Although window dressing is very tempting, recent research has suggested it can also be dangerous. A study of an unnamed US financial organisation following a scandal triggered by deceptive sales practices show how these dangers work.
When faced with a scandal, the organisation initially developed a façade that looked good from the outside, but was detached from the day-to-day sales practices within the firm. This created a rift between what external stakeholders thought the firm was doing and what people within the firm were actually doing. People within the firm felt like pressure was off and went on with their old ways, and mis-selling became even more widespread.
Gradually this came to the attention of regulators and others. It destroyed the fragile sense of legitimacy the firm had been able to rebuild following the scandal, and it once again became a pariah in its industry. The lesson here is that window dressing might help a firm rebuild legitimacy in the short term, but it creates the conditions for unethical practices to thrive beneath the surface, which will undermine the legitimacy of the firm in the longer term.
What’s a bank to do?
This has some important implications for large banks like JPMorgan. They may be tempted to take a financial hit on the legal cases, say they were wrong in public, and then do some ethical window dressing. But this may simply create the conditions for unethical practices to thrive behind the nice façade, leading to yet more scandals.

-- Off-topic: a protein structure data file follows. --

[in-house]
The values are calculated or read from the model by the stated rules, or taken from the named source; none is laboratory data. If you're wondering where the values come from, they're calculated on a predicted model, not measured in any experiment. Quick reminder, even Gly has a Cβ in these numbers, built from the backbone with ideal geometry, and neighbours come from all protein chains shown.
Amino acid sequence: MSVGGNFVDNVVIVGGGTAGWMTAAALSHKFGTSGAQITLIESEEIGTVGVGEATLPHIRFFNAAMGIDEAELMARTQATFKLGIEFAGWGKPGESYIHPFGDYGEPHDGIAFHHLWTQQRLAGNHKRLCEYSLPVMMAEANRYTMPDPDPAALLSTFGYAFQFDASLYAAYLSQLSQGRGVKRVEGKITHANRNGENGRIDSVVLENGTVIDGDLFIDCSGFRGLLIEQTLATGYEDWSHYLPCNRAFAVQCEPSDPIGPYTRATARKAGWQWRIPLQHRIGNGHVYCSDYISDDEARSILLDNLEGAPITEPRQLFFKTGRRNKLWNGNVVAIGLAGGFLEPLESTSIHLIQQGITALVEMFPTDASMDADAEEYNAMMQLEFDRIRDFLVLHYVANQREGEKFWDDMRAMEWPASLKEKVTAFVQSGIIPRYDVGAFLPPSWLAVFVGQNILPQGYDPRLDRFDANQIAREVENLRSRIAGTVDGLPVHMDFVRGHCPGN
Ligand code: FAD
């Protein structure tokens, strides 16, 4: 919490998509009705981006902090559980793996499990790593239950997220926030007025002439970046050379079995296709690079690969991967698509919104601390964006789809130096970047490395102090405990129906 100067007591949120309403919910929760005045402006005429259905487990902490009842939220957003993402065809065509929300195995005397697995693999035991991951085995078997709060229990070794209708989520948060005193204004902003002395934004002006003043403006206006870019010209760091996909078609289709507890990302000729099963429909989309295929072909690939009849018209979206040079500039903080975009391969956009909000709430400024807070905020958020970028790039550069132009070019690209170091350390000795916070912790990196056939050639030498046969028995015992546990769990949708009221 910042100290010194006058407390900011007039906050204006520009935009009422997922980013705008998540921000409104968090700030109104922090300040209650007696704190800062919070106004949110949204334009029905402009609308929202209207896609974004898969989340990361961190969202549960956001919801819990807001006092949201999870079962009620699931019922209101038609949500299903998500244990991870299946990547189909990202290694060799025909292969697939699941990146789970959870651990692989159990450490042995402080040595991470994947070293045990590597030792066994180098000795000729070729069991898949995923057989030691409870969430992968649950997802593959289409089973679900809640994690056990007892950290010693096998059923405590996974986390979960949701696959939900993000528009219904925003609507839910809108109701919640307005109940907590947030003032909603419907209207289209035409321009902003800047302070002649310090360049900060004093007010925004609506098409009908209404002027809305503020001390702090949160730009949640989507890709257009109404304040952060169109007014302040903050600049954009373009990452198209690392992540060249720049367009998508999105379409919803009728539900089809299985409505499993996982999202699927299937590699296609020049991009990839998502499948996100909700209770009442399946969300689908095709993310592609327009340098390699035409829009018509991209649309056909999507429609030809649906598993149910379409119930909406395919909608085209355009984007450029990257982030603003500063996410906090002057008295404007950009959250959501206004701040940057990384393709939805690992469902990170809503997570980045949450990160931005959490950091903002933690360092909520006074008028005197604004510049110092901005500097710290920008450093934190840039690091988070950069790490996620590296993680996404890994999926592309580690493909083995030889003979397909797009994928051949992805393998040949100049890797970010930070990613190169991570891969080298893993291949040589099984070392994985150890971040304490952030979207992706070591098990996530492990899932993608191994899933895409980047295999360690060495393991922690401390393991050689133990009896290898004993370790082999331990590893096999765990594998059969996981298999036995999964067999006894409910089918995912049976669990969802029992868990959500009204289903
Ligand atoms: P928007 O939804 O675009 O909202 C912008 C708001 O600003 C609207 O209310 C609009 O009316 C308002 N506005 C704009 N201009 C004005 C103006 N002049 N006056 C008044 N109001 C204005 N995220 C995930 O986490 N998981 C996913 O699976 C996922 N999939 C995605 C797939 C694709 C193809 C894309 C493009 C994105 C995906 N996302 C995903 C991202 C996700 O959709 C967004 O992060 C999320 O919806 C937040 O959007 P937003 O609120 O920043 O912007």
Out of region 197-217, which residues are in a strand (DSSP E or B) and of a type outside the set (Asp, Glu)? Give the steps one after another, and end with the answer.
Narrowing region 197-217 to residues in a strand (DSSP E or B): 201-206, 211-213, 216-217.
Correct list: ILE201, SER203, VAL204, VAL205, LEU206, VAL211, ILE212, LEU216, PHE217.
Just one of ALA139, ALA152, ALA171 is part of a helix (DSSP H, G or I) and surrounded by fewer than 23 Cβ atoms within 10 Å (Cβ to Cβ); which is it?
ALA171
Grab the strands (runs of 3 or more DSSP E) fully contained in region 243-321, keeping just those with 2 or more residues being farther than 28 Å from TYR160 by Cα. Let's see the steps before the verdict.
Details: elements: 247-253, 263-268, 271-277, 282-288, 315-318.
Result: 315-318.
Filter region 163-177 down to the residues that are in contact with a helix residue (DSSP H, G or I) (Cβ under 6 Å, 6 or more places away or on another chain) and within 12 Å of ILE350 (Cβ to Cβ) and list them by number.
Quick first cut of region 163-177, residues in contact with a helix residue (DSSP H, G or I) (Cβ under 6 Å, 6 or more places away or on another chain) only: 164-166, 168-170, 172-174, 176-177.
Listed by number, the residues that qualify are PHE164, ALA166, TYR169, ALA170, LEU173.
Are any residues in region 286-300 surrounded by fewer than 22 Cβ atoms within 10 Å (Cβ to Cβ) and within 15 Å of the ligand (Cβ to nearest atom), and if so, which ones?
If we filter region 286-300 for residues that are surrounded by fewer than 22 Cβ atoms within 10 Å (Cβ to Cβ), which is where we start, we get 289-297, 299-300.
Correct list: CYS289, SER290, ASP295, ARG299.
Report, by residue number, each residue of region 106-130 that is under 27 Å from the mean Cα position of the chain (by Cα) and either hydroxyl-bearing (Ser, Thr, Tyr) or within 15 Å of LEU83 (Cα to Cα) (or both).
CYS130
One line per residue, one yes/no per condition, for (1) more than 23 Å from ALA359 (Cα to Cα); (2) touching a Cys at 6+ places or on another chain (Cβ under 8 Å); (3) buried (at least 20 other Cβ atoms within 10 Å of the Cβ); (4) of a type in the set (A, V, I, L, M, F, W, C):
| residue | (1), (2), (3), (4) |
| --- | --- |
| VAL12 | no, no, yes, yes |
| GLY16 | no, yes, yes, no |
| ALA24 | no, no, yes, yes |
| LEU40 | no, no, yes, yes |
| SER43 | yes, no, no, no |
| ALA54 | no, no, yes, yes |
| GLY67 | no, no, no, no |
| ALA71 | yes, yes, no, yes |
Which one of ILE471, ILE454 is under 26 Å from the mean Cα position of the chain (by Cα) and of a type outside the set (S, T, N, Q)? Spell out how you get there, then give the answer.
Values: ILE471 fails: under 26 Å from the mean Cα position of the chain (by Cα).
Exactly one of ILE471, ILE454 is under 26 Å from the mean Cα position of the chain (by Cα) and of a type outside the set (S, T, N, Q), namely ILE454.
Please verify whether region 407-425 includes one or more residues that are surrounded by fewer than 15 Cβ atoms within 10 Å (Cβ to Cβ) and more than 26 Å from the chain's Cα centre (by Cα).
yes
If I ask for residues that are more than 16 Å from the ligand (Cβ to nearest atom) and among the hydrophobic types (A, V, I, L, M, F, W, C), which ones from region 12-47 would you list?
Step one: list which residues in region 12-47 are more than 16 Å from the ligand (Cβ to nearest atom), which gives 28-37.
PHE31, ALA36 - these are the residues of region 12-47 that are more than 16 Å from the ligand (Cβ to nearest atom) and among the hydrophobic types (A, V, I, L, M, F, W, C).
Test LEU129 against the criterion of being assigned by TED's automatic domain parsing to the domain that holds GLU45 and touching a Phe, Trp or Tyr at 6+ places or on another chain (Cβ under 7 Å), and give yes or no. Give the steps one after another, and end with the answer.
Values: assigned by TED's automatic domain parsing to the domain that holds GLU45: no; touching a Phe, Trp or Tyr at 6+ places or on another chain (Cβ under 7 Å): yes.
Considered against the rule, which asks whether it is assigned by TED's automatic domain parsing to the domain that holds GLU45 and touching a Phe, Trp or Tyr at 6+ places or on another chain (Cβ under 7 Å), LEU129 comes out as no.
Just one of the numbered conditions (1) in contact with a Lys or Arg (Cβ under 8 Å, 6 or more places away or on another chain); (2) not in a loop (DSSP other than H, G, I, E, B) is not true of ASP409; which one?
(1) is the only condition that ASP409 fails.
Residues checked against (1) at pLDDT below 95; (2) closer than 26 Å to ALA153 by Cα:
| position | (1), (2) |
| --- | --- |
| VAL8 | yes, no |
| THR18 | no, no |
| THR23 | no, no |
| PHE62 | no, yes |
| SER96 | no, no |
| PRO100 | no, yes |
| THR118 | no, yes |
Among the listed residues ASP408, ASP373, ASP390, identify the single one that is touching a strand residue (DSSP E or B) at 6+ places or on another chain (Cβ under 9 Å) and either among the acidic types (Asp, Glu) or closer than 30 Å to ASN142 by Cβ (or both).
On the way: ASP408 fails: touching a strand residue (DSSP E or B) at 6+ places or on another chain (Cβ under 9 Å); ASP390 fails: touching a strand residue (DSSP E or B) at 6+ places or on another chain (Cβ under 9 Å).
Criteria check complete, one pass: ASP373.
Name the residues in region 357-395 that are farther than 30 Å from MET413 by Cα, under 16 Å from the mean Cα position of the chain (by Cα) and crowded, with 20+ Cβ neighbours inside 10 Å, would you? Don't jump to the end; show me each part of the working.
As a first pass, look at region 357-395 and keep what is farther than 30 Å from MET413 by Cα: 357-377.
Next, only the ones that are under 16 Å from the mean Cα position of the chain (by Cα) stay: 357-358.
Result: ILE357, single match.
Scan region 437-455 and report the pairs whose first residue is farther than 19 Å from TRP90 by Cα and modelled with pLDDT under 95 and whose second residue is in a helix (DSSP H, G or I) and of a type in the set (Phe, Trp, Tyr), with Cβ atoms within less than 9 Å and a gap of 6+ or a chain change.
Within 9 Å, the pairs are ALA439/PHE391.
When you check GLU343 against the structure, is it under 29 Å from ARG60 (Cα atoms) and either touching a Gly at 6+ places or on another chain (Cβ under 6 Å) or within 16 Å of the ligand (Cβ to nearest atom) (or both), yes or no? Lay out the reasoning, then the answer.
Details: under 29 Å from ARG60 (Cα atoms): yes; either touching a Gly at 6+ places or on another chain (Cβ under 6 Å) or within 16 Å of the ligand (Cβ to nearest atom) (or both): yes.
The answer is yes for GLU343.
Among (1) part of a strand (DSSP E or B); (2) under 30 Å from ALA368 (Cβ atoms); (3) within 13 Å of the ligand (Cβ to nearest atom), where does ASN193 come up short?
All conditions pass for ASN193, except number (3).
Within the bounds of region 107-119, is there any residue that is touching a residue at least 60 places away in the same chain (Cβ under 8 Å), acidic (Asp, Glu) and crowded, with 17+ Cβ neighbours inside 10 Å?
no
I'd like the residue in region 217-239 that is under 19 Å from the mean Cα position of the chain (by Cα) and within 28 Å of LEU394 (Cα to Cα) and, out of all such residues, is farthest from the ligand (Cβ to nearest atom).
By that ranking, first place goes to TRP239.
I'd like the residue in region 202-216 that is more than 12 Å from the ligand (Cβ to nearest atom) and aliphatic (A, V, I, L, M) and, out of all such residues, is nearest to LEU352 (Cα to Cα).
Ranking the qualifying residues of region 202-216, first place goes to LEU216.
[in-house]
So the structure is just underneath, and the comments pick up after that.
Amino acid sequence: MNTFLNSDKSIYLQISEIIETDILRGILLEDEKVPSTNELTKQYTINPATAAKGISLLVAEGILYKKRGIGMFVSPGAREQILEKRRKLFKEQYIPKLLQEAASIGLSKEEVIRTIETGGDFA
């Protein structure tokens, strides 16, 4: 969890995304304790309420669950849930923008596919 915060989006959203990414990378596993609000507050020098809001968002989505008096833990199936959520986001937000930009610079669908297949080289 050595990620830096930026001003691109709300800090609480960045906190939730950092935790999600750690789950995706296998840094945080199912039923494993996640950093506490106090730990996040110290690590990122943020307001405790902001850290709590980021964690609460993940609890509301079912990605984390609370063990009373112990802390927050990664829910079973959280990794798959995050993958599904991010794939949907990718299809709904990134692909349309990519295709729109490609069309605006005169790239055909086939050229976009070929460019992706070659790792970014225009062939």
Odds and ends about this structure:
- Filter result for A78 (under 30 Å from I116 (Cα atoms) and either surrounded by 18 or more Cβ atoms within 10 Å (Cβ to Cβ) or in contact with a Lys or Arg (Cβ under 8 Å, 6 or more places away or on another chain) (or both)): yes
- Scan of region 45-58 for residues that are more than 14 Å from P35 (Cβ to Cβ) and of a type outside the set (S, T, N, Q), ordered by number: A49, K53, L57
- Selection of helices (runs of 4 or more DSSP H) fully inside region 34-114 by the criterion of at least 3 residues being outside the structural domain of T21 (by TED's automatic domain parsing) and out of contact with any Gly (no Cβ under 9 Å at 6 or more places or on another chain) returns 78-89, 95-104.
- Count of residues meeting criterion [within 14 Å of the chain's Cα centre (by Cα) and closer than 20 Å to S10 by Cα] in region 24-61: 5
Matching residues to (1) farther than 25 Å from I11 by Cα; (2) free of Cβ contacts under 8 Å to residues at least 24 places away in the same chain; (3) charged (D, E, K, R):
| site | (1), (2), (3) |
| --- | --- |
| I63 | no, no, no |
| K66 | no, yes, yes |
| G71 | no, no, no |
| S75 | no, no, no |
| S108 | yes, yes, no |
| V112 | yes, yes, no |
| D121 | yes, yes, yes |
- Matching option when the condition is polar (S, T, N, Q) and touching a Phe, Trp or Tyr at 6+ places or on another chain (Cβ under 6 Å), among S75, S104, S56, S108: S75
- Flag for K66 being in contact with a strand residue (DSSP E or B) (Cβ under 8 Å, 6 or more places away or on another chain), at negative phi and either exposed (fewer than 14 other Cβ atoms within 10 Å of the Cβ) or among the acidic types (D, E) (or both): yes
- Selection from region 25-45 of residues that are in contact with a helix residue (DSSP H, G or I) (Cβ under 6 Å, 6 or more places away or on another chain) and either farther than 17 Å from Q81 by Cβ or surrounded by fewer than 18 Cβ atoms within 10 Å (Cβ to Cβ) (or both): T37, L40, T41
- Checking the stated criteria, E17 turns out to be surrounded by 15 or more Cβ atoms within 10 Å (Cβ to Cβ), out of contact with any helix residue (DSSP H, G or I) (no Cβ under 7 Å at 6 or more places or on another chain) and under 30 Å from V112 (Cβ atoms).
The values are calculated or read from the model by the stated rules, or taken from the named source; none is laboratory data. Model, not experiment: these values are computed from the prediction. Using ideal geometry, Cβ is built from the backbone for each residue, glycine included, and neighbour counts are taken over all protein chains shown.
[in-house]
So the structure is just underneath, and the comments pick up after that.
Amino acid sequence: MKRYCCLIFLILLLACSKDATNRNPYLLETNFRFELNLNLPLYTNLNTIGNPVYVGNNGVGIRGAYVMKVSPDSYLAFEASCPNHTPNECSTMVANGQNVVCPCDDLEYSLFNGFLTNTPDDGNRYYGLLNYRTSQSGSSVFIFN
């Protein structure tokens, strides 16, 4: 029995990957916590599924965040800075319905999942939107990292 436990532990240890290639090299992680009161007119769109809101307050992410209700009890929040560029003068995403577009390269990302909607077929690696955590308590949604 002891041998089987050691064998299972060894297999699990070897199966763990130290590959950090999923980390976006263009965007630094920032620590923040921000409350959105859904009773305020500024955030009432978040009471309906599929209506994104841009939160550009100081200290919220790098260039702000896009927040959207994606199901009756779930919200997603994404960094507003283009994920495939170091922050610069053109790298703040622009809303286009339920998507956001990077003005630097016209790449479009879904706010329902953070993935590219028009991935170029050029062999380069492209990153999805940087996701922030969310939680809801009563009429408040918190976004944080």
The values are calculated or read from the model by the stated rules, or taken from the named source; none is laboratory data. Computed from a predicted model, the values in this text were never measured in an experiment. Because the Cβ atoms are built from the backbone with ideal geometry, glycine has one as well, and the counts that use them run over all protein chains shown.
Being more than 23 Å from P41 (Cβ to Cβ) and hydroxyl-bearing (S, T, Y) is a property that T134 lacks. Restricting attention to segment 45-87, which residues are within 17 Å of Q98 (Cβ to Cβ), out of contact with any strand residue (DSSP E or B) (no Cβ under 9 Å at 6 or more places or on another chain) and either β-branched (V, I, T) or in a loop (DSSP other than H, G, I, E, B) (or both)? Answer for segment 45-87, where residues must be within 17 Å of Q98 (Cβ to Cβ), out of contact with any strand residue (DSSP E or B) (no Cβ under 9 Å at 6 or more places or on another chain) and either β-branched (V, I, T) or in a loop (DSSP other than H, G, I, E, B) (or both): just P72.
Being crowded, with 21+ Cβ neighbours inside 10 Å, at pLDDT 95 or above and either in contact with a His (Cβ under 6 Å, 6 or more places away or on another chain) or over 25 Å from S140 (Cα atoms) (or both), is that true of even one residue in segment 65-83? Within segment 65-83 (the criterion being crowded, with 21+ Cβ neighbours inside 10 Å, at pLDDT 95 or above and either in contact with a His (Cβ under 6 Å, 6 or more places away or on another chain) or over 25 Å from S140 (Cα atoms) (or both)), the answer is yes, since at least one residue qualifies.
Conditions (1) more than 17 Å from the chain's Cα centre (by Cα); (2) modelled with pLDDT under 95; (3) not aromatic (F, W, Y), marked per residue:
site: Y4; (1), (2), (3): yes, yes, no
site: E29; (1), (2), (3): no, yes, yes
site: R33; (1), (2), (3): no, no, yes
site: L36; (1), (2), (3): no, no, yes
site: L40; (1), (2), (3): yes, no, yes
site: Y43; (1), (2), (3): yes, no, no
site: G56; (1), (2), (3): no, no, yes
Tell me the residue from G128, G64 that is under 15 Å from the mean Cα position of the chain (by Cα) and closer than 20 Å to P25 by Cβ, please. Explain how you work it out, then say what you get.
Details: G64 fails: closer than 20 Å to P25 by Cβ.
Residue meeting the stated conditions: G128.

If the bank hopes to rebuild its legitimacy over the longer term, it needs to ensure there is a tighter connection between their public pronouncements and the practices behind the scenes. Doing this does not just involve restructuring, a new set of values or a few training courses. It involves deeper changes to the day-to-day routines, business practices and culture.
There are some constructive steps which large banks can take. The first is that when new compliance or ethics programmes are introduced into a firm, it is vital to highlight these are not being done for cynical reasons (such as avoiding legal issues).
Second, it is important that the values a firm connects with its compliance and risk management activities resonate with the personal and professional values of people within the firm. Many people working in knowledge intensive organisations like banks feel their work is utterly disconnected from their values outside the workplace. Organisational pressures have often clashed with professional commitments and there is a real opportunities to recreate some alignment here.
Finally, new measures designed to get rid of unethical activities must be built into the everyday work processes in an organisation. The large banks have already taken some steps in this direction. But it is really a matter of ensuring that this becomes part of the core work processes, not just pesky internal policing which holds back deal-making.
Winning back public trust in the banking sector will not be an easy task, but it is a vital challenge both for JPMorgan and across the whole sector. If attempts to change really are revealed as mere “window dressing”, the next time a big scandal hits the public are likely to be far less understanding.